Of late, there’s been a lot of talk about “content farms,” spaces where freelance writers are brought in to create template contents, usually about “how to” do a certain thing. These sites follow basic formulas, but they’re able to generate a fair amount of traffic based on how algorithms respond to users’ requests for information on how to search for particular directions. Google has been working to “foreclose on content farms” with an algorithm update…
Then, a friend sent me an article about how a lot of ebooks on e-readers are made up of cobbled materials in the very same way. These contents are packaged and opened by unsuspecting readers. There’s a lot of banal content. The readers don’t learn anything, and the reputation of e-books goes down a notch.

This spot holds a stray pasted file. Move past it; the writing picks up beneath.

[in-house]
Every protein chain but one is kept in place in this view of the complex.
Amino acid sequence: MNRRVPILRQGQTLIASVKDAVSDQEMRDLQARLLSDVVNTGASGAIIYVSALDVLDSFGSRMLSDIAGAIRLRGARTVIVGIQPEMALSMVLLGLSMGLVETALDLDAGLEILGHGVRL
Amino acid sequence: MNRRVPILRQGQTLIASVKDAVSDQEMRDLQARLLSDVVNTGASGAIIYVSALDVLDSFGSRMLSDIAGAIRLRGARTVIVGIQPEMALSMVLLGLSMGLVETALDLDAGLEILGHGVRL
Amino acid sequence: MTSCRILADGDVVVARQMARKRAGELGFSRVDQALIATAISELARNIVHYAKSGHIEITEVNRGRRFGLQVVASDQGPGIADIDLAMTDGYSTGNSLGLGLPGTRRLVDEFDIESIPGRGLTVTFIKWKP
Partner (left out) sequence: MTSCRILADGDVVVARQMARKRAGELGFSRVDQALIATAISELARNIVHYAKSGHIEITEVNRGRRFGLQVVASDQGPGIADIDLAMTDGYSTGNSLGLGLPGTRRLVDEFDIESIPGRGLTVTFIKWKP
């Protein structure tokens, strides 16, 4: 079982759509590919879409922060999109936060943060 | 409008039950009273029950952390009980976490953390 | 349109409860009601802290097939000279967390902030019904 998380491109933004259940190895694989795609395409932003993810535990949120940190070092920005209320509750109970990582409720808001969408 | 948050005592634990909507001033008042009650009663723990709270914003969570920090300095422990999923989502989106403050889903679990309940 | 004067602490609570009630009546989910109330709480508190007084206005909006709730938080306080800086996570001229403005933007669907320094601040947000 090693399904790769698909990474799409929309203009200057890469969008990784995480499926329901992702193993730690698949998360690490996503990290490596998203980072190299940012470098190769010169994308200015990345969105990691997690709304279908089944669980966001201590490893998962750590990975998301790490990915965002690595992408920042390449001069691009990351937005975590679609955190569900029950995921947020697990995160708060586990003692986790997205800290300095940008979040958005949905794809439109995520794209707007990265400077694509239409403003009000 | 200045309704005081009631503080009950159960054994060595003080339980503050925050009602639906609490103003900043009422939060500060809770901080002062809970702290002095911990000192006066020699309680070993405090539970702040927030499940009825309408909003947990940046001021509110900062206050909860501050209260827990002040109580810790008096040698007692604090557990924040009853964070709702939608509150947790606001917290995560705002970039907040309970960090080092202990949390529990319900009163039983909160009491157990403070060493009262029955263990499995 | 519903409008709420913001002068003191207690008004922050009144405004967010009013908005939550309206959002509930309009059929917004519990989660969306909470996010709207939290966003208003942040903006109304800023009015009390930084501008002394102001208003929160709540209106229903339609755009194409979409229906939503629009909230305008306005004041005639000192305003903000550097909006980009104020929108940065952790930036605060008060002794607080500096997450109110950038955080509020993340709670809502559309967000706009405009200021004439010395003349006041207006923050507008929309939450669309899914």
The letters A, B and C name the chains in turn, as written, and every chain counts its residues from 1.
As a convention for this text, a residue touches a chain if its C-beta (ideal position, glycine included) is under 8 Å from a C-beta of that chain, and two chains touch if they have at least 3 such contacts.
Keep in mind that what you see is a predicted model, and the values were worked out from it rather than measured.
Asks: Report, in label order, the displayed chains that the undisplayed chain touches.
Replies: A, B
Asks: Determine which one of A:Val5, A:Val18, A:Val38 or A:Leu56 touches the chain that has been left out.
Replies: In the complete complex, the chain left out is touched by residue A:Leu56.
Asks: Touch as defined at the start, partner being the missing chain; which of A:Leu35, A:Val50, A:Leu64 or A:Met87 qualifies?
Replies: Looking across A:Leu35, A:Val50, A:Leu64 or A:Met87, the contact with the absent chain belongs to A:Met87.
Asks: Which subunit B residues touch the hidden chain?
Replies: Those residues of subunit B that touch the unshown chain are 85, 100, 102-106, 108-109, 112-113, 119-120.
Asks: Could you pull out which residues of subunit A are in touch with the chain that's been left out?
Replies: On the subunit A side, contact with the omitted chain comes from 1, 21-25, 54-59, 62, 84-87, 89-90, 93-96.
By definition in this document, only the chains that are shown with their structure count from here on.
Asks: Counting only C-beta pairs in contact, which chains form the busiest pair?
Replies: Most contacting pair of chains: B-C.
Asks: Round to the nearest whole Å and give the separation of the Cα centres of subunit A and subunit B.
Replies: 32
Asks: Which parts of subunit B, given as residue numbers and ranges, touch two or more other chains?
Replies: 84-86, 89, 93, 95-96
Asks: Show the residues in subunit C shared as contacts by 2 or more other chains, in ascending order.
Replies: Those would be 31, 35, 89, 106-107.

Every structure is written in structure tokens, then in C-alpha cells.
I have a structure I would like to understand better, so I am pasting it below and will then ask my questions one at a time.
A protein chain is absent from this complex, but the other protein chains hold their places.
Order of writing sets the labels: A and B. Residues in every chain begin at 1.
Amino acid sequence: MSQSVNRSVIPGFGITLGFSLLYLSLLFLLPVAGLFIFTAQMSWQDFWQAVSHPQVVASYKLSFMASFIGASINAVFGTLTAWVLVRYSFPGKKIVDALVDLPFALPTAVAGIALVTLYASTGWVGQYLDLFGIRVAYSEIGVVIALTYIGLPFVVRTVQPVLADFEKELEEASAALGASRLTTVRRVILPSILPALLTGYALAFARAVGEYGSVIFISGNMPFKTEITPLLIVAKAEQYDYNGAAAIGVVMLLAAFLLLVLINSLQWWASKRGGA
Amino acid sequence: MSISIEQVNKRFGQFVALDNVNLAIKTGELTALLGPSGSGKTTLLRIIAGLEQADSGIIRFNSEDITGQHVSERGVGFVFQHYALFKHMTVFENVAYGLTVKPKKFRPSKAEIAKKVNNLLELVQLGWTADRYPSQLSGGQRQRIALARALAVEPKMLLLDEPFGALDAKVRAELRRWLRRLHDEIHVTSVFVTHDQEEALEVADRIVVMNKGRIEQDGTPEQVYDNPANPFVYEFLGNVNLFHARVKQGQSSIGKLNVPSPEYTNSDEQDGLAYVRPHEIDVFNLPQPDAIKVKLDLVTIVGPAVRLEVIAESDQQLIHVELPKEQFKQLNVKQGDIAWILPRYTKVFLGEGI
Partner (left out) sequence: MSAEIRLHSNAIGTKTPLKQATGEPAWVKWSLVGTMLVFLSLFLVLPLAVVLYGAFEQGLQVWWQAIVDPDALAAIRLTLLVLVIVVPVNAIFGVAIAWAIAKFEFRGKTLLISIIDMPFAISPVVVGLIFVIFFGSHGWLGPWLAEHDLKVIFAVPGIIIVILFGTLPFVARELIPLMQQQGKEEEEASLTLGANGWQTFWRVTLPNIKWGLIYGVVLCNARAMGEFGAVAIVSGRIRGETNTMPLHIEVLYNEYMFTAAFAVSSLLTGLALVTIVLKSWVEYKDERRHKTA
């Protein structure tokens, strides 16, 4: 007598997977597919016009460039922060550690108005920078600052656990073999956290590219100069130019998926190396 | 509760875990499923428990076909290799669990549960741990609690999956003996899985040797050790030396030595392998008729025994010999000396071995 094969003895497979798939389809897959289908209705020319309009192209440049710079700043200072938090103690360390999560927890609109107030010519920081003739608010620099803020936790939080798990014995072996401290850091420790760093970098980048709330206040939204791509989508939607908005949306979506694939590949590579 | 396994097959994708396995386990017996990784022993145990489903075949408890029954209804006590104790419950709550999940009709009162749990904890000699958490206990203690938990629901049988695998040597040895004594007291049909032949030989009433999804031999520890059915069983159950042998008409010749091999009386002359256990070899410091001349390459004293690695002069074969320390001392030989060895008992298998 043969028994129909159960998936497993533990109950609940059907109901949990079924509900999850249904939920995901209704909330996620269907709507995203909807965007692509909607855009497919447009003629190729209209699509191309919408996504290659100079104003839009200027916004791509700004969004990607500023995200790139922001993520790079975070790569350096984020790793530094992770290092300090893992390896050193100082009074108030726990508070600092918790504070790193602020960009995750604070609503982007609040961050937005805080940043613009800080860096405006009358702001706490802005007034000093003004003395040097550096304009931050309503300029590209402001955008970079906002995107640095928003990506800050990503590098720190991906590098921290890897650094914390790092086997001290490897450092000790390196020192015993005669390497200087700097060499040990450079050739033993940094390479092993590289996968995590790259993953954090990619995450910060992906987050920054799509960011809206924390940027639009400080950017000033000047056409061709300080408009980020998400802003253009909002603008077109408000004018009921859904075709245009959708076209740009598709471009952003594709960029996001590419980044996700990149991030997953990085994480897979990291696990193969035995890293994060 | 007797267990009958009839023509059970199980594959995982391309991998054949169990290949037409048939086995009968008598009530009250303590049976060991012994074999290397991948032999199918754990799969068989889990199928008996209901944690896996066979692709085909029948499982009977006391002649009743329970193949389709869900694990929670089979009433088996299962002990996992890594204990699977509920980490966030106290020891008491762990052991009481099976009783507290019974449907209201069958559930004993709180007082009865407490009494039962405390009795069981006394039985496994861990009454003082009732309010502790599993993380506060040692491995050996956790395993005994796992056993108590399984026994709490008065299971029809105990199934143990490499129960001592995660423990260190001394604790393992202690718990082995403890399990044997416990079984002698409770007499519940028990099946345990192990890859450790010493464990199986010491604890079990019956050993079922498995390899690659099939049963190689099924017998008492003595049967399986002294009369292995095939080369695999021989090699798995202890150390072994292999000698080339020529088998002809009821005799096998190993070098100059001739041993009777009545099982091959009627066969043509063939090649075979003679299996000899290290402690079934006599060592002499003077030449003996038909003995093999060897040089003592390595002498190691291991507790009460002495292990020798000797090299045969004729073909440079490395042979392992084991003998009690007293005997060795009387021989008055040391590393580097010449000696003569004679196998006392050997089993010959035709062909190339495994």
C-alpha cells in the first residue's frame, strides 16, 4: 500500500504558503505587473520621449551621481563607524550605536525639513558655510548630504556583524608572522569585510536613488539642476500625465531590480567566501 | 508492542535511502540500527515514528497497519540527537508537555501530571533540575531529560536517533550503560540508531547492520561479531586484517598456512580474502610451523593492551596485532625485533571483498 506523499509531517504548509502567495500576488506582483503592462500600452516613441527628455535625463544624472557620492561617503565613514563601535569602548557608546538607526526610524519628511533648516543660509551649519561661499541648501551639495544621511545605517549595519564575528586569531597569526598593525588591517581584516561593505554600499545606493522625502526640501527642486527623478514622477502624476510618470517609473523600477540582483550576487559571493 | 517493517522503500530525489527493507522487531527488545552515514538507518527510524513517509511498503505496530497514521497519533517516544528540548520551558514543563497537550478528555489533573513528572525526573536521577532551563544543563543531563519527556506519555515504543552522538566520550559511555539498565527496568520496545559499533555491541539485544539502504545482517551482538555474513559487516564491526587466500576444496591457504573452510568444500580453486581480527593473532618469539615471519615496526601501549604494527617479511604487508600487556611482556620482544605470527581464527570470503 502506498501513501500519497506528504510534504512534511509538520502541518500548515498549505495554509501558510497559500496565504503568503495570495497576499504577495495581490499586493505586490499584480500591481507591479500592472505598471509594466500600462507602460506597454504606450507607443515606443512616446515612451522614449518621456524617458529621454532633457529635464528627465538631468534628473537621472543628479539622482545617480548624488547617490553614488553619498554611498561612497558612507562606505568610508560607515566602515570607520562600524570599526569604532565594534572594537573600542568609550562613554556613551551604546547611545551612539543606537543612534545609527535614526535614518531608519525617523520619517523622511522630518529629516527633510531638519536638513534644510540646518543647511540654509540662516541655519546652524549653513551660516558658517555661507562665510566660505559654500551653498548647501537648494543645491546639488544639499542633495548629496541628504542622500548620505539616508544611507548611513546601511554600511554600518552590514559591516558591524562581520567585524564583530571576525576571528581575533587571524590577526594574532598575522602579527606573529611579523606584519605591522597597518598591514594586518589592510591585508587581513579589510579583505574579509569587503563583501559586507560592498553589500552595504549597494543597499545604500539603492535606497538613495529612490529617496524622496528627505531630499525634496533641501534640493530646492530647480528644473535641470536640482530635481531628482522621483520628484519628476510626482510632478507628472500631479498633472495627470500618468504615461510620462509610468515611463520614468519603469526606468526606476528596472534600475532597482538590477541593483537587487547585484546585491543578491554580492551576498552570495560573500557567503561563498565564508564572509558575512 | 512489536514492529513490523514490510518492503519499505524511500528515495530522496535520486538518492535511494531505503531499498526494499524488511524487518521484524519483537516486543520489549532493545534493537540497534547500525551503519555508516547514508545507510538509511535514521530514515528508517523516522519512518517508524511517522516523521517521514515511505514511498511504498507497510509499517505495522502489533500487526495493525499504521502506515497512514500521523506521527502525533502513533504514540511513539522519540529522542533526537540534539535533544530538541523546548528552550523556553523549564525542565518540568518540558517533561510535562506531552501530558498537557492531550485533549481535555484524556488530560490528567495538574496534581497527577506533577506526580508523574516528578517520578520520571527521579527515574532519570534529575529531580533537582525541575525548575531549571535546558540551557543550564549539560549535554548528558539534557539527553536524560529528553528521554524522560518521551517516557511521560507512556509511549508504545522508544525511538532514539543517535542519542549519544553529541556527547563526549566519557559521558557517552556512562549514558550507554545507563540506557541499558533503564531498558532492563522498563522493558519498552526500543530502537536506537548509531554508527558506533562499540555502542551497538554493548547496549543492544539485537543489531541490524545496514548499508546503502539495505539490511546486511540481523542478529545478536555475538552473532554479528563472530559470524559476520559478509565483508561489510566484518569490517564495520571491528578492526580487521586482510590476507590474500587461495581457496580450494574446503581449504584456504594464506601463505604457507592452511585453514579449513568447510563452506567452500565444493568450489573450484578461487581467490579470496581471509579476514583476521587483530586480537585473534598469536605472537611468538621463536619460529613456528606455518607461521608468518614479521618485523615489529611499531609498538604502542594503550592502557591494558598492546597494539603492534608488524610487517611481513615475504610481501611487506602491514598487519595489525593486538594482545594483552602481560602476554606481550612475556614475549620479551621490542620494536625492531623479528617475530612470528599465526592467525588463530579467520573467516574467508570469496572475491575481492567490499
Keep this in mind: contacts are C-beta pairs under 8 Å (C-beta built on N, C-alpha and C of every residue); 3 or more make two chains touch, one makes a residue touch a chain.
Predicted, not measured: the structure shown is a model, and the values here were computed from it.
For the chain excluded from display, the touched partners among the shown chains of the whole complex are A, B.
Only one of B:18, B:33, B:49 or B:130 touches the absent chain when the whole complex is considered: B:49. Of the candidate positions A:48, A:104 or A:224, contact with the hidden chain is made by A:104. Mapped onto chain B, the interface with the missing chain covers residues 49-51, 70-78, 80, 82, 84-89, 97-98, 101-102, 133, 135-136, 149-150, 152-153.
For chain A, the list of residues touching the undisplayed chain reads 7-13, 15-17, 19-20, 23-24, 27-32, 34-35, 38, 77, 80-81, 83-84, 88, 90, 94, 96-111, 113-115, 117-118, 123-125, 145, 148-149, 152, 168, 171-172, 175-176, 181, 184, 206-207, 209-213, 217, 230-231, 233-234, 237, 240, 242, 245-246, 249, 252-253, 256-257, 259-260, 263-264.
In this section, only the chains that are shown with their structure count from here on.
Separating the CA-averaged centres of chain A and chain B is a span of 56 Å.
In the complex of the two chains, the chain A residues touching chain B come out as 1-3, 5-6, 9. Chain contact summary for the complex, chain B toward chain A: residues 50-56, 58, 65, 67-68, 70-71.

In Ecclesiastes, it is said that there is nothing new under the sun. That may well be true, particularly when it comes to fresh thoughts and contents. It is difficult to be original while building on the substructure of others’ ideas and thoughts. And those who actually have fresh ideas are not really going to just share their thoughts without a proper venue or some sort of reward stream for their work. In a sense, there is a growing divide between quality contents and the lower-value writing that is done off-the-cuff and in a sleepwalking kind of way.
This all comes back to the importance of having an editorial process. Even though this process is not the most comfortable (it usually means having to do a lot more work to meet the standards of various editorial advisory boards), and even though all editors have their own proclivities and challenges, it is still important to have some professional oversight over contents. No matter how professional writers are, there are still challenges to self-critique. It’s a rare writer who can put themselves through the tough paces needed to do a decent job.